Last week’s blog post was all about our wonderful and surprising visit to the islands of Guernsey and Jersey in the English Channel. Although quick it was really lovely. We left Jersey by ferry and made our way to France for our next adventure, Monet’s Giverny and A Wee Bit More.
First a Quick Visit to Saint Malo
We made our way to France and the ancient walled city of Saint Malo for one night only. We arrived midday and were able to enjoy the beauty of this historic city, the beach and a dinner of mussels and frites – a well known dish from the region.
The next morning we rented a car and enjoyed a leisurely drive across the north of France, leaving Brittany and coming to Normandy. This area has so much to see, including Caen and the magnificent Mont St. Michel. But since we have visited here a few times before we decided to stop only in two places my husband had never seen. Beautiful Bayeux which reminds me of the village in Beauty and the Beast and is home to the remarkable tapestry depicting the battle of William the Conquerer. We also made a brief stop at the Omaha Beaches and the American Cemetery at Normandy. I highly recommend these things when in Normandy.
On to Giverny
Giverny has been on my bucket list for a decade, and we were set to visit in June 2020, but the pandamit changed all of that. So on this trip it was a high priority to tick it off the list, finally. What a magnificent place, not just Monet’s Garden but the teeny village, our remarkable hotel and one of the best meals I’ve ever had. Monet’s Giverny and A Wee Bit More.
O Plum Art
I booked this boutique hotel just a week or so in advance and I am so glad we got in because it is tiny and spectacular. Only three rooms inside a historic farm house, but totally renovated and decorated in modern light colors. It was really lovely. And the breakfast the next morning was out-of-this-world good. You can make a reservation for O Plum Art here.
The Village of Giverny
I was surprised to find that Giverny is not really a town. It is just Monet’s Gardens, and historic homes – most which have been converted to inns and restaurants. Giverny is really just one main street, a few little shops and lots of great history including an ancient church. Behind the church is Monet’s tomb.
Le Jardin des Plumes
In association with our sweet little hotel, we booked a table for dinner at the companion restaurant down the street. The Chef and his family run the restaurant as well as two small inns. The restaurant is incredibly unique. You don’t really have a menu. Instead you choose if you want three, five or seven courses. We chose five courses, which were all small courses. But in addition to the five courses we had at least another 10 small “bites”. It was sublime. We ate literal works of art in every mouthful. Our five courses were Halibut, Chicken with Mushroom Soup, Tomato/Lobster, Beef Tongue with Pickles and an apricot dessert. Absolutely incredible. In addition our special bites included oysters, salmon candy, apple sorbet, cod balls and so much more. I have shared several photos here and if you visit Giverny I cannot recommend this highly enough. Be sure to make a reservation at Le Jardin des Plumes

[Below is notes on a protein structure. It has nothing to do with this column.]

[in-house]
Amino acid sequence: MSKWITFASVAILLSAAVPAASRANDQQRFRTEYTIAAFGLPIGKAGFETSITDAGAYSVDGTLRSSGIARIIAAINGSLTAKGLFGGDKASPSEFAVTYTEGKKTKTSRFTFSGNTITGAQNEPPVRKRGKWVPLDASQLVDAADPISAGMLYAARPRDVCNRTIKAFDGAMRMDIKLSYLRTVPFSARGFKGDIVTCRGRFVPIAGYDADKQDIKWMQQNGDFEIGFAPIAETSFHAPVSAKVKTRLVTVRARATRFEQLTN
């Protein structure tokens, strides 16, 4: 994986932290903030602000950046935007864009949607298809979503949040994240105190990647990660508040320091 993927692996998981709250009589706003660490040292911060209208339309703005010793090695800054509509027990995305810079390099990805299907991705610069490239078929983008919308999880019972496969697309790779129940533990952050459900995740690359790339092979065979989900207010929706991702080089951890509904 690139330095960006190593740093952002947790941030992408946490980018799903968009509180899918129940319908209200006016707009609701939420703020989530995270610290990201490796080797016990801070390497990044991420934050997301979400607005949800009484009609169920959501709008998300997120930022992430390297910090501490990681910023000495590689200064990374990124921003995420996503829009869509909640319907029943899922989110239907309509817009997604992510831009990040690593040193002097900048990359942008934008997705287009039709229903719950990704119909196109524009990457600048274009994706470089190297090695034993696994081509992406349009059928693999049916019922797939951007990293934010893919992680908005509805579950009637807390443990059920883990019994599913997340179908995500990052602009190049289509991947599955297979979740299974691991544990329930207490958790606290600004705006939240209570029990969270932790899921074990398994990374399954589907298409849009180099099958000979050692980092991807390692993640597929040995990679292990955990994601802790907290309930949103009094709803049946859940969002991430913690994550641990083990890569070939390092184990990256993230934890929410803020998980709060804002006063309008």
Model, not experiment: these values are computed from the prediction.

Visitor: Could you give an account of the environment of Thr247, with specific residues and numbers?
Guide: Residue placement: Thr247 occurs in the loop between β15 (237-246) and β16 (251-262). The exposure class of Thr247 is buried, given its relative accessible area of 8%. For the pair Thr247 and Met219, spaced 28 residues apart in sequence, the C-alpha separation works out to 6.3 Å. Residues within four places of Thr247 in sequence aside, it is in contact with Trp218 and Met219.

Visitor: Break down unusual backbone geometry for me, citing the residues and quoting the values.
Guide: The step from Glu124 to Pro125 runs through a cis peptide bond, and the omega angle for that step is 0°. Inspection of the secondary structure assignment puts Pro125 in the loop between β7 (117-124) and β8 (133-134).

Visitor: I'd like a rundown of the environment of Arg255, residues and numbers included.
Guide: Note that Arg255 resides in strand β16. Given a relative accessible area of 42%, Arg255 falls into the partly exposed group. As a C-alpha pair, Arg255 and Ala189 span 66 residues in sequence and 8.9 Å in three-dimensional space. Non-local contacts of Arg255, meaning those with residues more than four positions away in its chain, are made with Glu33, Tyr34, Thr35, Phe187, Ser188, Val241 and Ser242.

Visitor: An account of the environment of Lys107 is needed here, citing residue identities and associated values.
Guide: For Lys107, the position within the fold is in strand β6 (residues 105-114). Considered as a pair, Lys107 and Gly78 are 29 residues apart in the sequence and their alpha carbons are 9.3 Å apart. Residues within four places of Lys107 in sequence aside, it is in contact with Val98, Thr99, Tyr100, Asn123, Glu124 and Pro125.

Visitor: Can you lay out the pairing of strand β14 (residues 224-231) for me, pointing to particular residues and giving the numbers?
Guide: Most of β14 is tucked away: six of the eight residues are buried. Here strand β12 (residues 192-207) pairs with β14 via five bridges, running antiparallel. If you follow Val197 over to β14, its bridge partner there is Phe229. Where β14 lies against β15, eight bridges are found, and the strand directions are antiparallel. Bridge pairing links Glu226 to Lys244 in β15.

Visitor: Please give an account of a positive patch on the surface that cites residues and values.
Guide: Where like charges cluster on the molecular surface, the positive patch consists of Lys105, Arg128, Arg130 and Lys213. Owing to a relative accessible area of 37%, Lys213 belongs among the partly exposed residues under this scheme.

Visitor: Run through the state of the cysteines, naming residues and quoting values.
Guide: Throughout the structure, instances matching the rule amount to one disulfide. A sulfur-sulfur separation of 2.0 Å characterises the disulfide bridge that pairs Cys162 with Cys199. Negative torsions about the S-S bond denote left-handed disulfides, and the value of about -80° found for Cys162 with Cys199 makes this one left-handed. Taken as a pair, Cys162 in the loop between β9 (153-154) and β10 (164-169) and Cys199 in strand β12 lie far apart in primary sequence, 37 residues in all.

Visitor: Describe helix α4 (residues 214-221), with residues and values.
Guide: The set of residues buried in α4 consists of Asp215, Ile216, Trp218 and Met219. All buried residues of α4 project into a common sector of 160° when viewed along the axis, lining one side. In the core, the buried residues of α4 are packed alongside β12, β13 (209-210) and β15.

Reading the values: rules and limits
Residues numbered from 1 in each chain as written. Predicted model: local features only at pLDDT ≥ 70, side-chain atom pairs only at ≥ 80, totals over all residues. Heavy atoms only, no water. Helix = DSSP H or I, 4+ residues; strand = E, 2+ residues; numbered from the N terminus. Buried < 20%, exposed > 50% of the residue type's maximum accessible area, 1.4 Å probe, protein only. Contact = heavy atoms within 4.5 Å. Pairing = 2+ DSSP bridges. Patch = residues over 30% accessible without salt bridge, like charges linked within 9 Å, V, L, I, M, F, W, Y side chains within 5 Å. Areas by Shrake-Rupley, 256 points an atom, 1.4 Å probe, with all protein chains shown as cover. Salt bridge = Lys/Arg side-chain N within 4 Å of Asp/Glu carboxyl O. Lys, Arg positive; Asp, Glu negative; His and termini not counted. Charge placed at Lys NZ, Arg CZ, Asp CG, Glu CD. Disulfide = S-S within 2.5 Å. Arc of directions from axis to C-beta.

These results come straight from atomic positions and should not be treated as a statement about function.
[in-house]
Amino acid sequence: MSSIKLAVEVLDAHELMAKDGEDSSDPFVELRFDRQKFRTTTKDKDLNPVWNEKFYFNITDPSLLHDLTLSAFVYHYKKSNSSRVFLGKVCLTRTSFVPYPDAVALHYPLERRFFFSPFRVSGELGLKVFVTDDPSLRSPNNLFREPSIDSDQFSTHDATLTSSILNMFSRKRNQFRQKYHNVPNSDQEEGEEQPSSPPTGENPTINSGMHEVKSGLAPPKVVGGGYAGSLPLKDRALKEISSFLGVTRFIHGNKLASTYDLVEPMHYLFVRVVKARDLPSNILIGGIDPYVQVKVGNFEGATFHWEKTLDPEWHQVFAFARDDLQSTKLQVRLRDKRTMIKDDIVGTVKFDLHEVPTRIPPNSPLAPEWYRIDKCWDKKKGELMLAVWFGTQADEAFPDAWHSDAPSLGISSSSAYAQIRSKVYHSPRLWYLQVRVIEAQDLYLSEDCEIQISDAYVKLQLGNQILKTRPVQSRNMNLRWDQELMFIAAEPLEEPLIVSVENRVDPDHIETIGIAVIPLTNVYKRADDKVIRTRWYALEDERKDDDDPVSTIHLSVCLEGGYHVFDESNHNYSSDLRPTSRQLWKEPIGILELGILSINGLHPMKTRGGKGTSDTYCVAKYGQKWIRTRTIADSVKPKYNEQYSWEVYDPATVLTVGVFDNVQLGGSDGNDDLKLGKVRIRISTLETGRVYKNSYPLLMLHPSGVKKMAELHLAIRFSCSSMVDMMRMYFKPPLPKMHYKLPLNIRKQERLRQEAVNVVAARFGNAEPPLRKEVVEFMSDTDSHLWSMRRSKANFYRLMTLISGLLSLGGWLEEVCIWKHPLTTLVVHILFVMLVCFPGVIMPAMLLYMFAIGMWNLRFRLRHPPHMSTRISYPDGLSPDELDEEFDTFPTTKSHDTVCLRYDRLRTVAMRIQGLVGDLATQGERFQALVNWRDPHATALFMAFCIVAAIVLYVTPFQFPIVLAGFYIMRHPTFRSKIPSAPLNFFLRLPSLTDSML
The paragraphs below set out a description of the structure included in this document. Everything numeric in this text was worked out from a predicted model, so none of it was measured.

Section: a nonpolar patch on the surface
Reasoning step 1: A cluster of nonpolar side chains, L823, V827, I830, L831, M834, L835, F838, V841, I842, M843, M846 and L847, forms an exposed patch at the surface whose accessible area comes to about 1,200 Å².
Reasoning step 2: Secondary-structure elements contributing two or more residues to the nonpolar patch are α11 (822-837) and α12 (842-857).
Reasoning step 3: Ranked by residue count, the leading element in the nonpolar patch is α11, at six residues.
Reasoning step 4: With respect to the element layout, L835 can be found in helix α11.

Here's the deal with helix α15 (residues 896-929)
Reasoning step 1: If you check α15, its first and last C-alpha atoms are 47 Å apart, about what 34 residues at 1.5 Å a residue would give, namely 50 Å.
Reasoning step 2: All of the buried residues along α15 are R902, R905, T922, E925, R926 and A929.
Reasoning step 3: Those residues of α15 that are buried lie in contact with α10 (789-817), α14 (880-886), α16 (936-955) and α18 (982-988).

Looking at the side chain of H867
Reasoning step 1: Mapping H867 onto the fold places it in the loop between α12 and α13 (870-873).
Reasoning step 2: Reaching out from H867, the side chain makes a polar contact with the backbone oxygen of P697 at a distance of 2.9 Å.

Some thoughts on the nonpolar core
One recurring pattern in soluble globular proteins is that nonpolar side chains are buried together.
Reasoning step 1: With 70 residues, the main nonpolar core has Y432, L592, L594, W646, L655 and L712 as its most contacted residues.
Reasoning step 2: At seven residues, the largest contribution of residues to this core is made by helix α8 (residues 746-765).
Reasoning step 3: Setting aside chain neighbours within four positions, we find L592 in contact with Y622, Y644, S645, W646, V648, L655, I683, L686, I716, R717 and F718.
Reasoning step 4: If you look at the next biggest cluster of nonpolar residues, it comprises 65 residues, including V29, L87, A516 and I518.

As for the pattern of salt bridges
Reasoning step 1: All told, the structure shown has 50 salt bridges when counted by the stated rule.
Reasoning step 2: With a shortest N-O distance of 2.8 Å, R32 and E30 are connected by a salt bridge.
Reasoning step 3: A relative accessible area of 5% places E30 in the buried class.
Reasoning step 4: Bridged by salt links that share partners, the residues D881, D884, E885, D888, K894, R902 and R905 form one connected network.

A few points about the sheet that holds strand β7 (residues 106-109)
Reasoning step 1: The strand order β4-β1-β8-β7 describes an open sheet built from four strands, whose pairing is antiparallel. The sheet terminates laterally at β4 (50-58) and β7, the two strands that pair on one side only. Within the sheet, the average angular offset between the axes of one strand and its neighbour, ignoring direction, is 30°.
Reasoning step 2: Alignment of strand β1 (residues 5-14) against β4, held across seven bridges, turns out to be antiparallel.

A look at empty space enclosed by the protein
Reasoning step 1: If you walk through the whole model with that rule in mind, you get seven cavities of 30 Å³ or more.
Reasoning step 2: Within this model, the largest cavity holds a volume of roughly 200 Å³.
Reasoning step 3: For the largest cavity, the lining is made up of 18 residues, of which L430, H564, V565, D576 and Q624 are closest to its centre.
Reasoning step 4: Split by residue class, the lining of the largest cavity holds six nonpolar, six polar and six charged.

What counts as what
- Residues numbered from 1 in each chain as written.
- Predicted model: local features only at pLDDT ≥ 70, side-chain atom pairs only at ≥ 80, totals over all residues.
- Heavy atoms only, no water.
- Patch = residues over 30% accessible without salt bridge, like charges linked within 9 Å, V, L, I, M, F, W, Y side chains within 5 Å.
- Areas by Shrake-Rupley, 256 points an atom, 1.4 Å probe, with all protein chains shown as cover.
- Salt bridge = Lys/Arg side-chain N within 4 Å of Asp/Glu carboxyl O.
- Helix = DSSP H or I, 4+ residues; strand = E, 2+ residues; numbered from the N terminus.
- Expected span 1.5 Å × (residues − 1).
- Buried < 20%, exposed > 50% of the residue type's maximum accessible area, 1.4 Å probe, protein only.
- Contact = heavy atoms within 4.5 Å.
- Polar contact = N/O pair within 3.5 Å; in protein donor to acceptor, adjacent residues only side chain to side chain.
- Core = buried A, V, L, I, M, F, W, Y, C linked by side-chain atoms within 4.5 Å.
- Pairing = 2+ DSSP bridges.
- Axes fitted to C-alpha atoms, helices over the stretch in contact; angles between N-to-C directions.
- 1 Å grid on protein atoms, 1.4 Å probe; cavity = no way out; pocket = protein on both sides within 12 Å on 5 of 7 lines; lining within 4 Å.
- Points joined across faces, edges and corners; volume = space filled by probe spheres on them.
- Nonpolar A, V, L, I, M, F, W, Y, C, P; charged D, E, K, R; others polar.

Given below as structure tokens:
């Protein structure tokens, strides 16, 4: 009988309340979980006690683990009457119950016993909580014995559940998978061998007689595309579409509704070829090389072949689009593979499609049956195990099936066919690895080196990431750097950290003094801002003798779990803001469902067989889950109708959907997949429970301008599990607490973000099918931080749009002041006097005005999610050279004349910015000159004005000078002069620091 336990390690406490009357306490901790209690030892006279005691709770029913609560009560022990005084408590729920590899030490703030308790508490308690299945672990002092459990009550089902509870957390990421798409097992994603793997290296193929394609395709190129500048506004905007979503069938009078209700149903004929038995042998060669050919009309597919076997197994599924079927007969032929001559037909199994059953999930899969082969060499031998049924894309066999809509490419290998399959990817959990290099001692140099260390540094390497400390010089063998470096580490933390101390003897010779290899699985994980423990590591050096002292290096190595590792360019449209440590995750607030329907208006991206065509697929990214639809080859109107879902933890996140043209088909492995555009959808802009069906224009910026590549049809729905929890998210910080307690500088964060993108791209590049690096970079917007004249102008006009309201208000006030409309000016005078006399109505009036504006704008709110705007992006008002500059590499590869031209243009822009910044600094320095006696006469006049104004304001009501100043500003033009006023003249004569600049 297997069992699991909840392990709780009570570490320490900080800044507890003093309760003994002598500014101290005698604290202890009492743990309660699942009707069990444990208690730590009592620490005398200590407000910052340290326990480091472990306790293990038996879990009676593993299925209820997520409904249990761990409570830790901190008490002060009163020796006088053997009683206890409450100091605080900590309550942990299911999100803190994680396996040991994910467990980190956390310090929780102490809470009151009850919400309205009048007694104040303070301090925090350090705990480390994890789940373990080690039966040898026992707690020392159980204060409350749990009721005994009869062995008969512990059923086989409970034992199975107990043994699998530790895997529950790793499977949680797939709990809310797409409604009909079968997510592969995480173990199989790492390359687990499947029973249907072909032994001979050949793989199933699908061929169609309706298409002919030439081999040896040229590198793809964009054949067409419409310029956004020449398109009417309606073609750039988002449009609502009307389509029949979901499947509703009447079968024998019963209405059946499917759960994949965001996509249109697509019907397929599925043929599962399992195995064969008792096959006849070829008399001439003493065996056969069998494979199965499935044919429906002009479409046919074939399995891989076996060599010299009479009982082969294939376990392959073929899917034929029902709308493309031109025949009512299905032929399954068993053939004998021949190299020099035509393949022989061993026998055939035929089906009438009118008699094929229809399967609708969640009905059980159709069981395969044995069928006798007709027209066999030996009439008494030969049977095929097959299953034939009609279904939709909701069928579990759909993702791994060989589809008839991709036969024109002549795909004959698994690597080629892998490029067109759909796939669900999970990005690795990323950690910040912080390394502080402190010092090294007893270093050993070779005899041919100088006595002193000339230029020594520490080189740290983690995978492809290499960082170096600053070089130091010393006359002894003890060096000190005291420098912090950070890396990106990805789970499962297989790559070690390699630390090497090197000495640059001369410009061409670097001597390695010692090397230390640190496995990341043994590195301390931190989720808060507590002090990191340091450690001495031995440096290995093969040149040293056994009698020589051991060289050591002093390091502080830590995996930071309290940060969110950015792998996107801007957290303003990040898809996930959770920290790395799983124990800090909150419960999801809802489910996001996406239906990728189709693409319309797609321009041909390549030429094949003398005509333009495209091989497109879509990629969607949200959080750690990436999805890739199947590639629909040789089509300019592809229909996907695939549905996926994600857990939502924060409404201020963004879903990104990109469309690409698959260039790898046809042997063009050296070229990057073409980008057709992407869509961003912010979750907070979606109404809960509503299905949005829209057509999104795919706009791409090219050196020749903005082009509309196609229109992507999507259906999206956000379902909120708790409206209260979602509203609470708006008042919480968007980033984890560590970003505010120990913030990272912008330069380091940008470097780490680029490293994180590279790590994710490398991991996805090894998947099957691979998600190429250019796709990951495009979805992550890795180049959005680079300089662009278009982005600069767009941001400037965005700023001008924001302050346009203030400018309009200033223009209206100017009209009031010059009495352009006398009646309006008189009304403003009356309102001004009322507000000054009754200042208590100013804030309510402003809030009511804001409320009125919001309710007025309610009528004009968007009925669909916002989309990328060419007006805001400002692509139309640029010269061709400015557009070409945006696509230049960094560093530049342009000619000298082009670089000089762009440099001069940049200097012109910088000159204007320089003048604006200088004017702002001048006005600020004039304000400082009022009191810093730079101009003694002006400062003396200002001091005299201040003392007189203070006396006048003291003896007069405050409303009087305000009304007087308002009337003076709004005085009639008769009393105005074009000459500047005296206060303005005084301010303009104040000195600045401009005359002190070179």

By the way our breakfast at O Plum Art was done by the same chef of this amazing dinner. No surprise it was so good.
Finally Monet’s Garden
I’ve written before about My Favorite Gardens Around the World. Visiting renown gardens is one of the things we try to do in many of the destinations we go to. Gardens tell a story of history, culture and art – all wrapped in a colorful canvas. Monet’s Giverny was all that and more.
In 1883 Claude Monet acquired land next to his home in Giverny to create a water garden. He diverted water from the nearby Ru river. Monet’s masterpieces of his waterlily collections were painted at this water garden. The garden expanded for years and through his middle and late years Monet painted what he sowed.
Unlike many of the highly manicured gardens found in the French chateaus, Monet’s Giverny is a riot of color and texture. The garden changes throughout the season and is designed in color blocks but also includes trees, bamboo, roses and of course, the waterlilies.
Monet died in 1926 at 86 years old. He had been in Giverny for more than half his life, and the gardens were mature and substantial by that time. The houses and outbuildings flowed seamlessly with the gardens throughout the 2 and a half acres.
Today the garden’s and the house are managed by the Foundation Claude Monet . The gardens are cared for year-round but are only open to the public April 1st to November 1st. We enjoyed seeing it in the fall, when everything was still in bloom but also a bit large and chaotic and overgrown. It was both dazzling and disordered and I loved it.
A Few Tips For Monet’s Giverny and A Wee Bit More
Come in the fall or spring when there are less visitors. The tour buses and groups seem to arrive in the morning, so wait to enter until a bit later. Allow two hours at least and don’t miss going inside the house to see how Monet and his family lived and his collection of priceless art from well known painters. We arrived at 10:30 in the morning, did the full walk on our own, and then did it again because the tour groups had left and it was much quieter. I loved the second time around because we noticed new things. I took photos of many plants I’d like to add to my own garden.
You can make this a day trip from Paris (many people do) but again I recommend staying, strolling, eating and breathing the beauty of Monet’s Giverny and A Wee Bit More.
See last week’s post about Visiting the English Channel Islands Guernsey and Jersey here. Be sure to check back next week to read about Eating Our Way Through Paris.
See this week’s top performing pin here Fabulous Travel Wardrobe with Just One Suitcase.
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